The patient-doctor relationship is inherently intrusive. It's an unfortunate, yet necessary part of the process. I can and do ask questions of complete strangers that I would not ask my closest friends. Understanding people's sexual habits, drug use, violent thought-content, and gun-ownership status helps me (a training physician) work with them to mitigate risks to their health. That being said, I understand that access to such intensely private information opens the door to abuse.
In my school's curriculum--and I'm assuming at other schools too--there's a significant push to refactor the patient-doctor relationship into one of partnership rather than authoritarianism. I hope that this change in culture empowers patients with greater agency over decisions made about their lives. But it would be naive to think that even now, as a student on the wards, there isn't some sort of power dynamic at play when I speak with patients. I meet people at some of the most vulnerable moments in their lives. If I wanted to push personal agendas onto my patients, it would not be so difficult. As such, I think its crucial that checks be established over what I can and cannot do with a patient's personal information. If I abuse a patient's trust, there need to be repercussions.
Ok, now that you know where I stand, lets turn to the matter of guns--specifically in Florida. As the law currently stands, physicians are explicitly prohibited from asking patients if they own guns. I think this is gravely mistaken. Guns are valued by many as powerful tools of self-subsistence and defense. If you live in the United States, it is your protected right to own and use these tools. But they are not without risks.
Lets say I'm interviewing a patient who discloses to me that at multiple times in the past he has intentionally harmed himself, at one point going so far as attempted suicide. Most of the time he feels happy and satisfied with the course of his life, but sometimes he's overcome with spontaneous self-loathing. He feels he must punish himself for the ways he believes he has hurt other people.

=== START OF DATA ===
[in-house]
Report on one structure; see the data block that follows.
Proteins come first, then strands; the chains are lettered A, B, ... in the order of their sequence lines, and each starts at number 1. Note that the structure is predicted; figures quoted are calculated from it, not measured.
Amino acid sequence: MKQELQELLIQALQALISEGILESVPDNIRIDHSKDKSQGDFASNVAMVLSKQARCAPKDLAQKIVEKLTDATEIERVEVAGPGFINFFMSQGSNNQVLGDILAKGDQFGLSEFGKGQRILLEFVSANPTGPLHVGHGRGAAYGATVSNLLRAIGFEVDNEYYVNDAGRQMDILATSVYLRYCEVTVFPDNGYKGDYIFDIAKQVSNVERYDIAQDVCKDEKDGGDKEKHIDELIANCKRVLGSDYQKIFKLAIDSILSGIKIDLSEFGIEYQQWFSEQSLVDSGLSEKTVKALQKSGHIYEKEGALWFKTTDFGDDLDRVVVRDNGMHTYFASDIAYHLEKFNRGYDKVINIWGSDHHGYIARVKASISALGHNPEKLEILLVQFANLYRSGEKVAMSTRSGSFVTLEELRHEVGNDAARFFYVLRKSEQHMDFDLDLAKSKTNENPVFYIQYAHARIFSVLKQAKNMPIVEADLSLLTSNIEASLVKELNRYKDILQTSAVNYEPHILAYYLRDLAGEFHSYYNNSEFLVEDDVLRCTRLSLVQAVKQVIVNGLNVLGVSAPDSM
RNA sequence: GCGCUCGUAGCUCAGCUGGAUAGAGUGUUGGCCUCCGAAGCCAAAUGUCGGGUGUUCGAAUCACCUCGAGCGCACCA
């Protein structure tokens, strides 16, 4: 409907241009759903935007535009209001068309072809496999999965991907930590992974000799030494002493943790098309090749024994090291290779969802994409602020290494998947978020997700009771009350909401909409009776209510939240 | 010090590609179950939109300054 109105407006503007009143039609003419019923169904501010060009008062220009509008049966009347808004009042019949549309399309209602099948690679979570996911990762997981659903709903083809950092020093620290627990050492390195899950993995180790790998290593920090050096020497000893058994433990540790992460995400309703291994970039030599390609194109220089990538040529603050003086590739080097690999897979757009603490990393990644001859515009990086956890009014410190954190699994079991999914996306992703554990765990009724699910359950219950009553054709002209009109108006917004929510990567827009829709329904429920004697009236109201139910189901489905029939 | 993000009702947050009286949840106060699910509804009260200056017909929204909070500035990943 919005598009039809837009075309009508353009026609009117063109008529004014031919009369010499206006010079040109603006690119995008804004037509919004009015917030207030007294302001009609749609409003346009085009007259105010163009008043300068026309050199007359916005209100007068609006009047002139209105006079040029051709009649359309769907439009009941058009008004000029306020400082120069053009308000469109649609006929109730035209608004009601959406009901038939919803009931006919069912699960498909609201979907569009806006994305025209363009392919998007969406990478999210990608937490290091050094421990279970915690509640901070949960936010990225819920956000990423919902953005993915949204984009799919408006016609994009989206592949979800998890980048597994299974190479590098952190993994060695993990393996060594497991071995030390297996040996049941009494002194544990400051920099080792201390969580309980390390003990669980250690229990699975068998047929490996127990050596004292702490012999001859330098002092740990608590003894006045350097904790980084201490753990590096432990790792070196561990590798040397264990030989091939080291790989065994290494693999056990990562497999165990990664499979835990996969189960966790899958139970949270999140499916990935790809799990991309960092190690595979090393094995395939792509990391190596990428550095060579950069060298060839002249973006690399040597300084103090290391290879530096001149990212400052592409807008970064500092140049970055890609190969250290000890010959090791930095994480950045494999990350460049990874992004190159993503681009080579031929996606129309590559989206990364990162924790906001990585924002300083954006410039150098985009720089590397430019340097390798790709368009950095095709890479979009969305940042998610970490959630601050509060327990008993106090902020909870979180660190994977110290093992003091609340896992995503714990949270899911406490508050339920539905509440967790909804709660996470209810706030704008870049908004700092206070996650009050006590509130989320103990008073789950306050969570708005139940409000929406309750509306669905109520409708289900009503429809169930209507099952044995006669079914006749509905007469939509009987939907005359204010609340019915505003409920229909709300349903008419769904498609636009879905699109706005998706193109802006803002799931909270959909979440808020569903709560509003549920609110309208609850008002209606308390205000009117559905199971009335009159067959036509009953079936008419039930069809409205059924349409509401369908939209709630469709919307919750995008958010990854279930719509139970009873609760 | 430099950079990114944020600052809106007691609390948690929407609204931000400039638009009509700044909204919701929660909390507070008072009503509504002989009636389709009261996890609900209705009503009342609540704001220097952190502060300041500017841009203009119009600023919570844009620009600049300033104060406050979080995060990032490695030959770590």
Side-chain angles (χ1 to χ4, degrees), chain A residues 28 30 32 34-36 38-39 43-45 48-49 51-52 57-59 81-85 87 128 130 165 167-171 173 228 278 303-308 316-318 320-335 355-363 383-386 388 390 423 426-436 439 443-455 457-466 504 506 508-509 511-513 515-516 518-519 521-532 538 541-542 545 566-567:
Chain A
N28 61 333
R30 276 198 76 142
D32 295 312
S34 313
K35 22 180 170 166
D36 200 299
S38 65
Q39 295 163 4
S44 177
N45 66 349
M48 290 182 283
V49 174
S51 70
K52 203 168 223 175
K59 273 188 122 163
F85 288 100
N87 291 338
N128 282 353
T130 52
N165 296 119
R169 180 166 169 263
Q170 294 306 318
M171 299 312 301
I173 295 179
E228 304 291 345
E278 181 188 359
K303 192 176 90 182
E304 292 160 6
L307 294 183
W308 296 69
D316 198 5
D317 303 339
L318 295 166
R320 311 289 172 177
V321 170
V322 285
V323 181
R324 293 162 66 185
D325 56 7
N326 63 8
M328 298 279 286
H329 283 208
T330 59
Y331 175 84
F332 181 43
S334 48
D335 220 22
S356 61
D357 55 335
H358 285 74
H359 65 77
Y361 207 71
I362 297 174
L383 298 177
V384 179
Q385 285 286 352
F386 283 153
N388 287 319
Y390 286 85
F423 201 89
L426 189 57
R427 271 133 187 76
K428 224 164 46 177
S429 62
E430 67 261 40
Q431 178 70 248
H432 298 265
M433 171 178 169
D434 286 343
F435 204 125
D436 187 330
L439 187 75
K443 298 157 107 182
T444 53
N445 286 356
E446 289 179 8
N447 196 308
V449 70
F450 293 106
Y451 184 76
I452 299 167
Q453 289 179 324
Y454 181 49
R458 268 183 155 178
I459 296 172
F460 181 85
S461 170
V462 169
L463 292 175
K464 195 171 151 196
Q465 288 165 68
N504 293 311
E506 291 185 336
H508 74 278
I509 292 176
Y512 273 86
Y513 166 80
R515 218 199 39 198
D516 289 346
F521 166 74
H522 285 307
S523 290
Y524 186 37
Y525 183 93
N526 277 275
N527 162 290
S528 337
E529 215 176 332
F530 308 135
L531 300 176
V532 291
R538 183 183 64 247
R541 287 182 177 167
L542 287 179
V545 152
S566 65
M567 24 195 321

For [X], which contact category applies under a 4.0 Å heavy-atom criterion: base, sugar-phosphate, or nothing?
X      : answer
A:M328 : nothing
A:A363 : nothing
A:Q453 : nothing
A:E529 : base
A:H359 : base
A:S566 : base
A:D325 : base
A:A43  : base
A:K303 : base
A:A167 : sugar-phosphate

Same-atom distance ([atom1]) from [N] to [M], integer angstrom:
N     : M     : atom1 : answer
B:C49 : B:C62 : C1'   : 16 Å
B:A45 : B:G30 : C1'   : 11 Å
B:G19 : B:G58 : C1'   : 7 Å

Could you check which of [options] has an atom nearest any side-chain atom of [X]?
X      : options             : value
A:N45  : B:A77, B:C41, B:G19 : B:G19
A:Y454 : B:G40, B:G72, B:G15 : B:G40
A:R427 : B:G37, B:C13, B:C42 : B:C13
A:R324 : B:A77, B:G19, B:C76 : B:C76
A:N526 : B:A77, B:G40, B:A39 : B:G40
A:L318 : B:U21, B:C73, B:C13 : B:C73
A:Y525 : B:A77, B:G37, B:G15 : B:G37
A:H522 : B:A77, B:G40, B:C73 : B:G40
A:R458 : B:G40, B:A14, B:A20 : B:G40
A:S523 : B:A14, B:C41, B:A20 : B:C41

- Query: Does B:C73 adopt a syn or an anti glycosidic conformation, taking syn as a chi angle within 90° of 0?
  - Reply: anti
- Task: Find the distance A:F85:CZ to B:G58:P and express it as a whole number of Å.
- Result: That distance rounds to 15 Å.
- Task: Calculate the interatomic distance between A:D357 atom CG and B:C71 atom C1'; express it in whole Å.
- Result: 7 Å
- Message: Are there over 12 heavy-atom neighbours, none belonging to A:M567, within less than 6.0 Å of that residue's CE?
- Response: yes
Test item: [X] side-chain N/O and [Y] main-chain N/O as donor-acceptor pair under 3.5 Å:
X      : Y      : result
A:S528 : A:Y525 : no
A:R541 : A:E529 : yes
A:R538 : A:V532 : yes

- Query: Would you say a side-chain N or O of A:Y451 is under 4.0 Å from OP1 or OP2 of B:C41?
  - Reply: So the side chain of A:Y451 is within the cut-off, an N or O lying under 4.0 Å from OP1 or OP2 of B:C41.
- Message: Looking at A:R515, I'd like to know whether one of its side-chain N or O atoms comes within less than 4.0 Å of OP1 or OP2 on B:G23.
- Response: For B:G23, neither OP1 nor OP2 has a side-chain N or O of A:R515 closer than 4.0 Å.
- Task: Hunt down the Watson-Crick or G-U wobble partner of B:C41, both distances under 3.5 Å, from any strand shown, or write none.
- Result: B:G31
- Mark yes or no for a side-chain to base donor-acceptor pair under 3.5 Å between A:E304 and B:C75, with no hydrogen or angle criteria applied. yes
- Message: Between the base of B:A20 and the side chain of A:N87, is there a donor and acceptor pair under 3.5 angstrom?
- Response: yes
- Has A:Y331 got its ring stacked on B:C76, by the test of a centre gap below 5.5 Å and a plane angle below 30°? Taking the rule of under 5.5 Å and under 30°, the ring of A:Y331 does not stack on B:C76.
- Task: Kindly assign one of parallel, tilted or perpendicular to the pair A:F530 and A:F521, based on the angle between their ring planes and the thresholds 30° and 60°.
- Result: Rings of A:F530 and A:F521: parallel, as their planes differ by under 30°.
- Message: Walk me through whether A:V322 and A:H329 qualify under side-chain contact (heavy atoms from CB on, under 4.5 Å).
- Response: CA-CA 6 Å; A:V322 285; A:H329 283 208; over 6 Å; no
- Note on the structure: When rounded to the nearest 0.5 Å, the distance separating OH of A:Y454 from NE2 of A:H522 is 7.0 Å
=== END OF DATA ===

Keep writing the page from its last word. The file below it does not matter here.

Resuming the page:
I harbor significant doubt that such a person should own a gun. Even so, you might still be able to convince me that it's not my business to ask this man to cede ownership of his firearm. But at the very least, I would want to ensure that he keeps that firearm locked and unloaded in a safe place. Yes, this might impede his ability to quickly defend against home invasion, but this is a matter where disparate risks need to be balanced against each other. It is very much within the scope of my role as a physician to problem-solve through such a situation with my patient. Sometimes even to report to authorities if I believe that he poses a danger to himself. Whatever my opinion on guns, my first priority is to keep patients safe.
Florida law does not allow for such moments of physician intervention. By prohibiting a conversation about guns, the state's legislators implicitly state that the risk of me violating a patient's privacy far outweighs any good I might do in helping him make safe choices. I think this is wrong.
This post builds off of a video blog post made by Aaron Carroll, a pediatrician practicing in Indiana. In many ways, I have echoed the sentiments of Dr. Carroll. However, I felt the need to write this because I don't think he adequately acknowledges the very real risk that doctors might abuse their positions of power to force their opinions about guns onto their patients. Doctors are a mostly well-intentioned bunch, but they (we?) also have very strong opinions about the right way to do things. Sometimes that means we overstep our bounds.
I don't want patients to blindly accept that I will do what's right for them. I need to earn their trust. That being said, Florida law would effectively cut me off from operating in a critical realm of their safety. That needs to change.